A member of Gideons International placing a copy of a Bible inside a hotel room’s desk drawer. Wikipedia Commons photo.
Gideons International said it has donated more than 1.4 million King James Bibles to hotels around the world between June 2018 and May 2019 alone. Of those, some 650,000 were in the United States, the group added. Since the beginning, it has placed more than 2.4 billion Bibles.
Other denominations, like the Church of Jesus Christ of Latter-day Saints — commonly known as Mormons — followed suit and also started stocking rooms at hotels, motels and bed and breakfasts with their own free religious literature. Some, like Trump International Hotel in Washington, also provide guests with the Talmud, Quran, Gita and Avesta.
Increased use of Wi-Fi and digital devices
These days, guests have many online choices. Free Wi-Fi in rooms, for example, allows them to read whatever they want on their phones, tablets or laptops. As a result, Christians also have many online choices when it comes to religious literature. Gideons International has an app, while one of the most popular podcasts of the moment on Apple is a daily Bible reading by Catholic priest Mike Schmitz.
Can you take home a copy of a hotel Bible should you come across one? Unlike towels — we all know that’s a no-no — this one is tougher to answer.
Best Western Hotels said the following on one of its blogs: “If you were to take The Bible with you or remove it from the hotel room, The Gideons would not accuse you of stealing it. Some believe that The Gideons actually want you to take these Bibles, perhaps in hopes of spreading the Good Word. However, your hotel staff may disagree. Removing The Bible from its place in a hotel room is not actually supporting the reason it was put there in the first place, as they are intended for the next guest to read and so on.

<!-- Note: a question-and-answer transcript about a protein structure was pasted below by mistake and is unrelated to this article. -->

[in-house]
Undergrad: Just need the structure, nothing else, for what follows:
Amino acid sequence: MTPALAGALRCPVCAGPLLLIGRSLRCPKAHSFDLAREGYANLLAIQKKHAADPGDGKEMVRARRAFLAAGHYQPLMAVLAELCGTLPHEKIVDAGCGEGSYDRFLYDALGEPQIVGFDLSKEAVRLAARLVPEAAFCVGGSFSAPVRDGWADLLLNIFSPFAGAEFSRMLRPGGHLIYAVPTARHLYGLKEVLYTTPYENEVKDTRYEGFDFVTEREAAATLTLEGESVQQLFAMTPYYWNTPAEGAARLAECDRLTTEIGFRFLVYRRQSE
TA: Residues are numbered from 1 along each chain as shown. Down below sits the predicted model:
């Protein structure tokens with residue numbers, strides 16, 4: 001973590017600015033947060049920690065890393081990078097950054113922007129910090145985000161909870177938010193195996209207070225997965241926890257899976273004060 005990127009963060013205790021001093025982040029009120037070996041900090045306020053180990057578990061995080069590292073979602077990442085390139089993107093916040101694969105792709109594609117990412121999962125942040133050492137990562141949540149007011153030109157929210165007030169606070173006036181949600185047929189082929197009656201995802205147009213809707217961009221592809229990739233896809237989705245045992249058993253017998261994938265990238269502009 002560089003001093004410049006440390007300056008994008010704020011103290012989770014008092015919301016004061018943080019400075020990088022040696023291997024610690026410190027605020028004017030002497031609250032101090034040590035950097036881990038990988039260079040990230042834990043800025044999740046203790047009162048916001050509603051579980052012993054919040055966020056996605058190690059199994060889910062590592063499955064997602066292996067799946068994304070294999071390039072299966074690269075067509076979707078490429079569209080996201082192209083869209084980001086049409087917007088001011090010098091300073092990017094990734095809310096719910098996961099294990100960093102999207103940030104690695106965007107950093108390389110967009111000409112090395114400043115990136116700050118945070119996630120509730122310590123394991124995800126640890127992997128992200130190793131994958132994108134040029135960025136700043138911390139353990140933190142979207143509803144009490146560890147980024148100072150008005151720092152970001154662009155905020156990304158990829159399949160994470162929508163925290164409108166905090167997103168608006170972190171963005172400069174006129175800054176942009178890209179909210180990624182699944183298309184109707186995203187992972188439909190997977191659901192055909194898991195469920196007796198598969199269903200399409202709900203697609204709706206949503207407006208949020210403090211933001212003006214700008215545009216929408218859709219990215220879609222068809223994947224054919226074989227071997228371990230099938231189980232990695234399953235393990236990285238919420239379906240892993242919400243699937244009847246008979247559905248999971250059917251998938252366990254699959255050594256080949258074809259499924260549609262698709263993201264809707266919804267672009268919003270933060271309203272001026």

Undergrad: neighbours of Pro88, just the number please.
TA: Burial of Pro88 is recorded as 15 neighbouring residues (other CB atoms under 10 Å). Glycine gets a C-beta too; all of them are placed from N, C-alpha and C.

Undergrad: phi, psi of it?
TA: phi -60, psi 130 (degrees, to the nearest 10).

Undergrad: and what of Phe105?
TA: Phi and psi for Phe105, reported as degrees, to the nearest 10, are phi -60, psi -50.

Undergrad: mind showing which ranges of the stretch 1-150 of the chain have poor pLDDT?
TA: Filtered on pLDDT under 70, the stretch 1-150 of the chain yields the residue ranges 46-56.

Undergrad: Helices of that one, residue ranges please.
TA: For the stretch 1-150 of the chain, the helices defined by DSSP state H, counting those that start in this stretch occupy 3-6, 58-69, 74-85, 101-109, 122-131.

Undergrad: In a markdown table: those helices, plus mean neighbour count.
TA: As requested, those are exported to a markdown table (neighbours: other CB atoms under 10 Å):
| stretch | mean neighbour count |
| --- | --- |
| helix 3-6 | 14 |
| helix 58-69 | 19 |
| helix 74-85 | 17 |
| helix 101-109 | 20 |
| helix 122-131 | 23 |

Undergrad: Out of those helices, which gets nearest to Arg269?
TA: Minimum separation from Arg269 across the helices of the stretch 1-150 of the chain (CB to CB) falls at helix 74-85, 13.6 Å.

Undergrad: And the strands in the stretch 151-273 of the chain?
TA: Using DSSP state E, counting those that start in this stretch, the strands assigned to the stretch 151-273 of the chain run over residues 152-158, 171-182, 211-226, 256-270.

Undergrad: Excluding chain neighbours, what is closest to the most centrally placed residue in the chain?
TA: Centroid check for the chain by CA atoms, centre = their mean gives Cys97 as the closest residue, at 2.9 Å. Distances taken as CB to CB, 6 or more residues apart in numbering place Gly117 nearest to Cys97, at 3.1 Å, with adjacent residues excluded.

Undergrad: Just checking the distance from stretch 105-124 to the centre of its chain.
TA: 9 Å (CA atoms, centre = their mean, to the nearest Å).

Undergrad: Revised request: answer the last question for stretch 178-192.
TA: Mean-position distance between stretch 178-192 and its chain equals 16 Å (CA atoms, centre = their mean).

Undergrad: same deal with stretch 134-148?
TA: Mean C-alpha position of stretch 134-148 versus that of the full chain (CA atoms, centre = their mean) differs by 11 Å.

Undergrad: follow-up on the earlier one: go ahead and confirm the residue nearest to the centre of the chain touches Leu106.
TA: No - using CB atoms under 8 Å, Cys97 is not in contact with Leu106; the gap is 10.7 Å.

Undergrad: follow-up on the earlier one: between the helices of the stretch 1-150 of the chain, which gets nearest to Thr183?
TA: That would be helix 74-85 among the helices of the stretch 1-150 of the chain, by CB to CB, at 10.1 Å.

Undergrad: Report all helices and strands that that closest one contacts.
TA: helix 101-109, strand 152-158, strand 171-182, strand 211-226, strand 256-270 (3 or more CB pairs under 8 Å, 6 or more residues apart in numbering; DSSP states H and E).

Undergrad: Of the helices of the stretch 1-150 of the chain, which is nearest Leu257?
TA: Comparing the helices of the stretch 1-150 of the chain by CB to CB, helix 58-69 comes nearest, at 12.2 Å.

“The Gideons are always in constant contact with their local hotels to ensure a Bible remains in every room. They often find themselves replacing Bibles that go missing from rooms and never charge the hotel for these replacements. So, whether you feel the need to read The Bible in private, bring it with you during your travels to keep faith close, or add it to your personal book collection, rest assured The Gideons are not calling this a sin.”
There’s a reason to leave that Bible behind should you come across one. Gideons said each Bible placed in a room has the potential to reach up to 2,300 people in its estimated six-year life span, with an estimated quarter of travelers reading the Bibles in their hotel rooms.
–Clemente Lisi is a senior editor and regular contributor to Religion Unplugged. He is the former deputy head of news at the New York Daily News and teaches journalism at The King’s College in New York City. Follow him on Twitter @ClementeLisi.